Growing up

Growing up is hard, Responsibility is hard, I mean lets be honest. Life is just hard.

My Psychiatrist a year ago told me that I was basically a 7 year old. This was not an insult because me and him were a very good match and we had an understanding and mutual respect of each other for no apparent reason. This was one of those great moments in my Mental Health Journey. I thought he was telling me that I was immature back when he first told me that. He shortly after telling me that retired and I never got a chance to explore what he meant any further.

Today I realized what he actually meant while thinking about my fathers death that happened recently, and how my mom is having to sacrifice the hobbies she was enjoying to pick up the responsibilities of my father. How I needed to grow up and fill a role I should have already been filling. Unfortunately, I was one of my Dad’s responsibilities in a way.

I’m on SSDI for BPD and all the underlying mental health stuff branching out from that tree. For the past three years, since I moved to parents after a 6 month stay in a hospital, he for the first time in his life read about my illnesses, studied the medicine I was prescribed, and stopped acting like I was doing something wrong. He grew softer, warmer, more understanding. Didn’t ask me for much and was basically my un-assigned caretaker in a way.

I have been in mental health recovery for 8 years and I think a long the way I learned so much about recovery that I stopped practicing the things that helped me cope best, and along the way was probably not the best support for others because anything learned is useless if not practiced and forgotten, right?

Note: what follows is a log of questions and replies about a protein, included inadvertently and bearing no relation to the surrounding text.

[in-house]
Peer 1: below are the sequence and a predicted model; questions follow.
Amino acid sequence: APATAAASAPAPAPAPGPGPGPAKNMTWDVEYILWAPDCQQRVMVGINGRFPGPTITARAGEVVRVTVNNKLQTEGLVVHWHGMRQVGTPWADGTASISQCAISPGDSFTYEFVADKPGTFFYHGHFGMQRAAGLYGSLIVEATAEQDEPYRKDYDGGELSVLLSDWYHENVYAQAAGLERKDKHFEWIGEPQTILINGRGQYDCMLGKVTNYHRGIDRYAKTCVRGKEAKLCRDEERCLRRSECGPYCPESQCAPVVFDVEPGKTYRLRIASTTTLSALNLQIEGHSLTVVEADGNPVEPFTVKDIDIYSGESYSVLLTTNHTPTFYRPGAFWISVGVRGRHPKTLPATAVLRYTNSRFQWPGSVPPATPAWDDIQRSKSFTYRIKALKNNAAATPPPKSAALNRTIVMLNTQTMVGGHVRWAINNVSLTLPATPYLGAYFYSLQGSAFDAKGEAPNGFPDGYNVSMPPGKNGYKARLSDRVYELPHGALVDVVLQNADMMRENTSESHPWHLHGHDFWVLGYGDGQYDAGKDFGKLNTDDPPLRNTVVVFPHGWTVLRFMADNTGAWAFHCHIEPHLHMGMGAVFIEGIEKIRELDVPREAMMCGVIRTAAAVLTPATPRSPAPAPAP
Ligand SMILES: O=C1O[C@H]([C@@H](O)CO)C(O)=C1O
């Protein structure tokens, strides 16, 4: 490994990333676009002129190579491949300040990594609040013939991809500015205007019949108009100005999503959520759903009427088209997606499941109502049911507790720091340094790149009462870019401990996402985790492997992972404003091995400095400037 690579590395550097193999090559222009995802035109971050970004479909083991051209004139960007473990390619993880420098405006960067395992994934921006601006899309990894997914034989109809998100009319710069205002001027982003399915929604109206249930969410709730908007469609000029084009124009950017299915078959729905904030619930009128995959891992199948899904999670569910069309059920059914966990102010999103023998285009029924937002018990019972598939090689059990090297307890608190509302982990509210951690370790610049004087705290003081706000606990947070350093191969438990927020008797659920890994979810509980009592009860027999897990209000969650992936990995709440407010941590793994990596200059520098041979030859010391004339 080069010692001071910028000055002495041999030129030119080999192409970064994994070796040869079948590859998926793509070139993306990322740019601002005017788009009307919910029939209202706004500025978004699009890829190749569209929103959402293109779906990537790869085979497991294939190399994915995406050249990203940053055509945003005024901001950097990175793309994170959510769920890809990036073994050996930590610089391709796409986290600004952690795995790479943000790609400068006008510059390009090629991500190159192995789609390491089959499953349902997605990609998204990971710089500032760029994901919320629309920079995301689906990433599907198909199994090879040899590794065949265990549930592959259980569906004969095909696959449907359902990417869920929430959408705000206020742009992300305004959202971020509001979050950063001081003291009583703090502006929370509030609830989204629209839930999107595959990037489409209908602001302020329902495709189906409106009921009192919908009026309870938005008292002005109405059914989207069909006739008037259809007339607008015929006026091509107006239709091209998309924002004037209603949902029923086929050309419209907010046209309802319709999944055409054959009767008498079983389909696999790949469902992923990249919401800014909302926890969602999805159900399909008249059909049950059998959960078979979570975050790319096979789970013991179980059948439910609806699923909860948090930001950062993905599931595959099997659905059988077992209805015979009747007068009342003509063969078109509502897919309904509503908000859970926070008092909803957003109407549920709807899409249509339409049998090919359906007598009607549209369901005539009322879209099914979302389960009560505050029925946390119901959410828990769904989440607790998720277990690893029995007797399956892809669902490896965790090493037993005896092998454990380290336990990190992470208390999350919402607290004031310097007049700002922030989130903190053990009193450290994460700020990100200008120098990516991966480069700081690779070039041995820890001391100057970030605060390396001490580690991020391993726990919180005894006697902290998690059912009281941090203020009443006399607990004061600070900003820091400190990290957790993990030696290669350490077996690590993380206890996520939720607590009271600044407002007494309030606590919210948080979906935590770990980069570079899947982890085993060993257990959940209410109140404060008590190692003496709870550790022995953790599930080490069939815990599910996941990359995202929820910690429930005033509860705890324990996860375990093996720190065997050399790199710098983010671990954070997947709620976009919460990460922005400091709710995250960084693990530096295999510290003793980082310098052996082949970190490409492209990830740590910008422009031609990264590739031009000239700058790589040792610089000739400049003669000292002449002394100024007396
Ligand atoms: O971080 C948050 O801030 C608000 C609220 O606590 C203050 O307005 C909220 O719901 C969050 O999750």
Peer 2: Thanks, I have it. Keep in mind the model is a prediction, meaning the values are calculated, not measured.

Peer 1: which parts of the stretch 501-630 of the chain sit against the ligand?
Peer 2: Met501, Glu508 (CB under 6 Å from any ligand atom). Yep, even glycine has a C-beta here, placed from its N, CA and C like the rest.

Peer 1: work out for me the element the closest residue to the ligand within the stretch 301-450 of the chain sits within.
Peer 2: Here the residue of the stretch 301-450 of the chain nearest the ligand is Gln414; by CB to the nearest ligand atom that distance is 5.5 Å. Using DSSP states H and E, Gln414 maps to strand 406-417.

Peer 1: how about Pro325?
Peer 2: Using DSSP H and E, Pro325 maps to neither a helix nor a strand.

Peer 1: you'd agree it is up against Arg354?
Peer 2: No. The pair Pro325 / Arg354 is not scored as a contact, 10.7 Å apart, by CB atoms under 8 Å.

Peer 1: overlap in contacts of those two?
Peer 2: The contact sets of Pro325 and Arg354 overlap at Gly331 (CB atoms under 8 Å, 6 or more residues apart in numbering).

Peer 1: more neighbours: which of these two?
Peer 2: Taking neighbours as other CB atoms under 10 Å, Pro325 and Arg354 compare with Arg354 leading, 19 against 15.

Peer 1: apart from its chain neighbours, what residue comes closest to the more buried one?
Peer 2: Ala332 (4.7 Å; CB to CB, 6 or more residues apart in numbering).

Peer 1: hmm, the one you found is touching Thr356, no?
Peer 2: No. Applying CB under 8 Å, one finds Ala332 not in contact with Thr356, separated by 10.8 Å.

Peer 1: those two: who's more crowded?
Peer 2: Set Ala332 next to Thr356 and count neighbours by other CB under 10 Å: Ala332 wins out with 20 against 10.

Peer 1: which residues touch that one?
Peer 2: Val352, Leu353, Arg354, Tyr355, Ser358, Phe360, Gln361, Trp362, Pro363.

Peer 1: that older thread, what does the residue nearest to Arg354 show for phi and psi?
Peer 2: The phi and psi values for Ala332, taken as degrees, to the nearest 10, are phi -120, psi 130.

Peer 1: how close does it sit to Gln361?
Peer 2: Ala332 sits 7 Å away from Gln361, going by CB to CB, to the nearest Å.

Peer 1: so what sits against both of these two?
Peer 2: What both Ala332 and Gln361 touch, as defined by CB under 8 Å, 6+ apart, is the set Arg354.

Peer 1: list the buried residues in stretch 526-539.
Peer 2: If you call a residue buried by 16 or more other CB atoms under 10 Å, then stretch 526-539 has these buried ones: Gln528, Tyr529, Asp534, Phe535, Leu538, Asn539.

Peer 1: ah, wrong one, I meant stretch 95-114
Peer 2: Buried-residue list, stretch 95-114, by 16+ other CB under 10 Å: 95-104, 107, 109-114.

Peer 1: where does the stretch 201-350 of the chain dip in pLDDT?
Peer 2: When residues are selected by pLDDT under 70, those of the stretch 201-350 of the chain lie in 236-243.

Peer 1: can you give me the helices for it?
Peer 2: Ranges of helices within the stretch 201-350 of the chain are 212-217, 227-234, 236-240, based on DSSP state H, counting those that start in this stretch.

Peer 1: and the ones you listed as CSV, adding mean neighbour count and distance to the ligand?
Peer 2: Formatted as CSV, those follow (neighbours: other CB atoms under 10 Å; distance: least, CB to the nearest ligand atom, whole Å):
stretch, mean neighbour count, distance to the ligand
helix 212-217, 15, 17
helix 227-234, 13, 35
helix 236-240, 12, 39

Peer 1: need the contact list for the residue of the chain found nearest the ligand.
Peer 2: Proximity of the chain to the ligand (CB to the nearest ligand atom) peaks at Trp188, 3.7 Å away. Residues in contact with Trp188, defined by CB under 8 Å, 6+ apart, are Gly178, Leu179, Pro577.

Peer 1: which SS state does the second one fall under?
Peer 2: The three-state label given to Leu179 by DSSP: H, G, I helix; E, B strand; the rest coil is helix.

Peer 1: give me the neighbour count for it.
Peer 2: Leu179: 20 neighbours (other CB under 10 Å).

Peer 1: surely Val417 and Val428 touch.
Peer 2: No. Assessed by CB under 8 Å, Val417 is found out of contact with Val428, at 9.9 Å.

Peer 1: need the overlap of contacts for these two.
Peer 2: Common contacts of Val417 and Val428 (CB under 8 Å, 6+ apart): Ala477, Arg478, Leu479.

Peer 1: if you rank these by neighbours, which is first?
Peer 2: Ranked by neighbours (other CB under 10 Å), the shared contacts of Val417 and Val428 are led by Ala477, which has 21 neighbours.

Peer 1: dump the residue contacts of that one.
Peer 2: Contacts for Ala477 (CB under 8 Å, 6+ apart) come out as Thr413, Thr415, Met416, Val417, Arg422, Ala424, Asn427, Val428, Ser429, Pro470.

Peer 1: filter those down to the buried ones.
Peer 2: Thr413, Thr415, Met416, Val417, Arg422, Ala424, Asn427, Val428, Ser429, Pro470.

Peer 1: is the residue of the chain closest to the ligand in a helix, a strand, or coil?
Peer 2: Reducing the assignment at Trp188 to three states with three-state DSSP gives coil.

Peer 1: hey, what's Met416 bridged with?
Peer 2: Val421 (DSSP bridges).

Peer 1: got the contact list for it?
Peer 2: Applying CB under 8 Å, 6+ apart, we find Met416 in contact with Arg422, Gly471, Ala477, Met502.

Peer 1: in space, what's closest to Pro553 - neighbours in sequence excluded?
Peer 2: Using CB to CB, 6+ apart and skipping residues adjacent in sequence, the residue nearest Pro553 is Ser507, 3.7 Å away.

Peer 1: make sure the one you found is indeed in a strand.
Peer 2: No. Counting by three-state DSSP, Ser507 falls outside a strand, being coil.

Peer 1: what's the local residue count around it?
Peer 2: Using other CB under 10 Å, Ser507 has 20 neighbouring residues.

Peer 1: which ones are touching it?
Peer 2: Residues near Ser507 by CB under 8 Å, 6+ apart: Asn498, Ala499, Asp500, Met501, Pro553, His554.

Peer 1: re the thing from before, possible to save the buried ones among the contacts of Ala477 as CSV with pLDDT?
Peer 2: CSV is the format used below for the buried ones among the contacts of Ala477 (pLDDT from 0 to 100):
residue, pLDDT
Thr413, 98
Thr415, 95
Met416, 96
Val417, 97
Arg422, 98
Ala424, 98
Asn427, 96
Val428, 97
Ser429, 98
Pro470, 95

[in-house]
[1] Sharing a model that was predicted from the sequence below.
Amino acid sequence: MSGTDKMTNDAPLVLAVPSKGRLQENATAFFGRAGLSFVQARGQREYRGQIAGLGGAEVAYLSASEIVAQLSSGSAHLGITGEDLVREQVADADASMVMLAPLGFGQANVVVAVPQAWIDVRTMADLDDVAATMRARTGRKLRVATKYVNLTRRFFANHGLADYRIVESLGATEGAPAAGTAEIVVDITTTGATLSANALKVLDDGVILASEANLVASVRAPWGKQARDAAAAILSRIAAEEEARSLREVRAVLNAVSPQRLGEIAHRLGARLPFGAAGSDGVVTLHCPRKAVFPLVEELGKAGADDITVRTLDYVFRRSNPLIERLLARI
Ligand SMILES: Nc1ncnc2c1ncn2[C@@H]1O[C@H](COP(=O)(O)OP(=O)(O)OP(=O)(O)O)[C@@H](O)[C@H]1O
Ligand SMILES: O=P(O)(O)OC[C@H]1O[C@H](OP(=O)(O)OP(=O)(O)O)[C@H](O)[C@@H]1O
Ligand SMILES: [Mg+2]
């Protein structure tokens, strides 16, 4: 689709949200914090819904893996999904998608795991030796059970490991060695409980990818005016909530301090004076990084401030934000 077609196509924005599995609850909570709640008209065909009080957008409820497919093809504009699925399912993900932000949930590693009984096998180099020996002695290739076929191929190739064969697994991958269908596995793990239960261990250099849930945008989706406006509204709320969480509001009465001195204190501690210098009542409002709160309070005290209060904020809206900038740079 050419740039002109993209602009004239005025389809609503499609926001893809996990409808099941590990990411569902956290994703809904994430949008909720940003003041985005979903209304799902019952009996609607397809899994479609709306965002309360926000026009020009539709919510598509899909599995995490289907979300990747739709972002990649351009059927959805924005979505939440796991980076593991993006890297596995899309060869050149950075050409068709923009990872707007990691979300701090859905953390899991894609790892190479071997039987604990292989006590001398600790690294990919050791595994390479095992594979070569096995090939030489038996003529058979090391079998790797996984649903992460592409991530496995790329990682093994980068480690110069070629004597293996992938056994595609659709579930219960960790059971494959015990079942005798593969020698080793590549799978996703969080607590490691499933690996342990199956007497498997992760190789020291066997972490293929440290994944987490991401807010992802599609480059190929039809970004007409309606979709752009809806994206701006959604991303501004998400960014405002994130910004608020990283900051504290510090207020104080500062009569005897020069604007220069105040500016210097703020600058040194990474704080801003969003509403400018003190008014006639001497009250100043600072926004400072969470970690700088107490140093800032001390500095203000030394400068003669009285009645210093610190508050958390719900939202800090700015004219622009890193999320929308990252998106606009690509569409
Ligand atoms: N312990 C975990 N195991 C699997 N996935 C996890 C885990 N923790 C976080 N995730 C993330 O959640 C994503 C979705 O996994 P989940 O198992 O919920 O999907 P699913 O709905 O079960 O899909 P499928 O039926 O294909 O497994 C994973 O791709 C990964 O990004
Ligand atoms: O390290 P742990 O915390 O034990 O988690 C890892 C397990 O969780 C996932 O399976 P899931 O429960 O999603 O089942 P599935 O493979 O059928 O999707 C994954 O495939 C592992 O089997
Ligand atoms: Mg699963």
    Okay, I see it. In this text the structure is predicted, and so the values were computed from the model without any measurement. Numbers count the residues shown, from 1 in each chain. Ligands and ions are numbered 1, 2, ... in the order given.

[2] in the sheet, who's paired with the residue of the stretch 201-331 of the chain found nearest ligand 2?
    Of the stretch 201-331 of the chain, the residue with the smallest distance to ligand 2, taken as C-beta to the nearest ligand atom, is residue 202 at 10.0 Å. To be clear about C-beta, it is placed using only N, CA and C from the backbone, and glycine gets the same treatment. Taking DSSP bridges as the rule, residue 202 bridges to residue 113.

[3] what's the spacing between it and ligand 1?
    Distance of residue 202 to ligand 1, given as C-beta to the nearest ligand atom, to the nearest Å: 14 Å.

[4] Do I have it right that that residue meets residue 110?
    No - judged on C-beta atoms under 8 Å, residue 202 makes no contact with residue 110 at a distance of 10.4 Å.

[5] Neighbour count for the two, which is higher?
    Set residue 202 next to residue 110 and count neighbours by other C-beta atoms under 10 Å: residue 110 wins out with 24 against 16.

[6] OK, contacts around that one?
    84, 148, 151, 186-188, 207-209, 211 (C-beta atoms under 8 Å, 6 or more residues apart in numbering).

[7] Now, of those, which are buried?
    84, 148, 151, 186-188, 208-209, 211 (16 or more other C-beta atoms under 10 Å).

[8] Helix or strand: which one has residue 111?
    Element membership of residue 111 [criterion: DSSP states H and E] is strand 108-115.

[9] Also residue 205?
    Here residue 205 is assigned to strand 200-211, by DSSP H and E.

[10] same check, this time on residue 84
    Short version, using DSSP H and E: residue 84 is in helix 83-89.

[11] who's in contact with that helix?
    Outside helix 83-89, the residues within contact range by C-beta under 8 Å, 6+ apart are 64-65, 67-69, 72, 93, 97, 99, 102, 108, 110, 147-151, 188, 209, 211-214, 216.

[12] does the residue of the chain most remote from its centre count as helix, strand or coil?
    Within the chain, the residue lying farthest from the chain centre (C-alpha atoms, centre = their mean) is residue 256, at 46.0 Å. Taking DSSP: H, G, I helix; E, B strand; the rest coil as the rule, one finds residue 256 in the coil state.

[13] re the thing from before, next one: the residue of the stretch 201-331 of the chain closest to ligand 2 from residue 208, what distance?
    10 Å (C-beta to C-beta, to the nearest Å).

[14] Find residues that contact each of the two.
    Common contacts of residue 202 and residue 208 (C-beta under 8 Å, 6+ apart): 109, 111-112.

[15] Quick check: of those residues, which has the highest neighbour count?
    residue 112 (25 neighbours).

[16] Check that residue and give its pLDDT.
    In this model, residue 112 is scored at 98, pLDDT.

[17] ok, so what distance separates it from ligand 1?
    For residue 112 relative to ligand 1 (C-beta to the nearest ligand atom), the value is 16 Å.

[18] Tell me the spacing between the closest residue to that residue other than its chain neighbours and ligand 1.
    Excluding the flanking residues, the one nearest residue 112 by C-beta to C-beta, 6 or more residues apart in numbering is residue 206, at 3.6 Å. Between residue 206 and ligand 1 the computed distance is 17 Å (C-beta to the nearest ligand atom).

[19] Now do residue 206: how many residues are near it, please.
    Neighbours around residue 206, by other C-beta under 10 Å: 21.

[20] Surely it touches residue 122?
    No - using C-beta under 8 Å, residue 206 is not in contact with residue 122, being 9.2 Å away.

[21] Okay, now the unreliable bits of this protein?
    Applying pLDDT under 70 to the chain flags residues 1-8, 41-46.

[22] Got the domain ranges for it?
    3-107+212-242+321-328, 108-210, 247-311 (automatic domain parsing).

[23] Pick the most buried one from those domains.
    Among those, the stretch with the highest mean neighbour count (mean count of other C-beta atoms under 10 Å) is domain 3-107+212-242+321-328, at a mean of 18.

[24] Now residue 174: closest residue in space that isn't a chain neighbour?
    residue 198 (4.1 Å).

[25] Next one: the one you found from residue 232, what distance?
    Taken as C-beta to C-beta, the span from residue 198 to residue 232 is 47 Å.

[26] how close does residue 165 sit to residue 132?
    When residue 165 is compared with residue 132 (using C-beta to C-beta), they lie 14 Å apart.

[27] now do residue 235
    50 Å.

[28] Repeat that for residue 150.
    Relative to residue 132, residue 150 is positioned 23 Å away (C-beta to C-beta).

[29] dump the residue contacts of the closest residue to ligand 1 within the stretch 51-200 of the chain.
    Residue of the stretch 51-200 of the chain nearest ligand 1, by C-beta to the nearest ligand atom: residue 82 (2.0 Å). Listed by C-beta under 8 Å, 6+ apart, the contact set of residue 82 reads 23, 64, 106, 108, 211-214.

I’m sitting here now, 8 years old lol, What my psychiatrist was trying to tell me was that “I” didn’t exist until I began to recover and came out of my long term mental illness. Gained some self-awareness for the first time and was able to look at myself with some form of objectivity. He was trying to tell me that it was okay to grow up, and that I’m still young in my Journey. It’s rare to have a philosophical psychiatrist who actually looks inside his patients and doesn’t just prescribe medicine.

Anyways, I got some growing up to do. Thanks for reading. This was very therapeutic. AKA I cried lots haha


Hey @ThriceTheThird,

This is truly beautiful. In a way, depression - and mental health illnesses in general - keep us in the same position, the same cycles, the same patterns. And you’re absolutely right: it’s not without any effect on our loved ones, no matter how that is. But it’s not that easy to see it. Depression forces us to focus a lot on the inner battles that are happening inside of us. It takes a lot of attention and energy, both mental and physical, to the point sometimes of missing the life happening around us in some way.

I’m so sorry for your loss. It sounds that your dad was a really good parent and has learned to change his view, has learned to learn, after acknowledging your struggles as they were. It’s such a beautiful mark of love, and I’m personally so very grateful that you had him as an ally next to you. I can only imagine how losing him has been also a reality check in some way. It has been for me after losing my brother, and three years after I am still learning lessons from the void he left after he was gone. I think this is going to be the work of a lifetime. Yet there is something incredibly comforting in learning to embrace each new season as it comes. We learn from our loved ones too. They help us grow, even when they’re not here anymore. It’s such a precious gift that you hold in your hands right now.

You are growing without a doubt. You are entering new areas of your heart, of your mind, of your life in general. And doing this is also such a beautiful way to honor your dad.

Well done, Third. Keep growing. It suits you so well. This journey is yours, and you are embracing it magnificently. :hrtlegolove:

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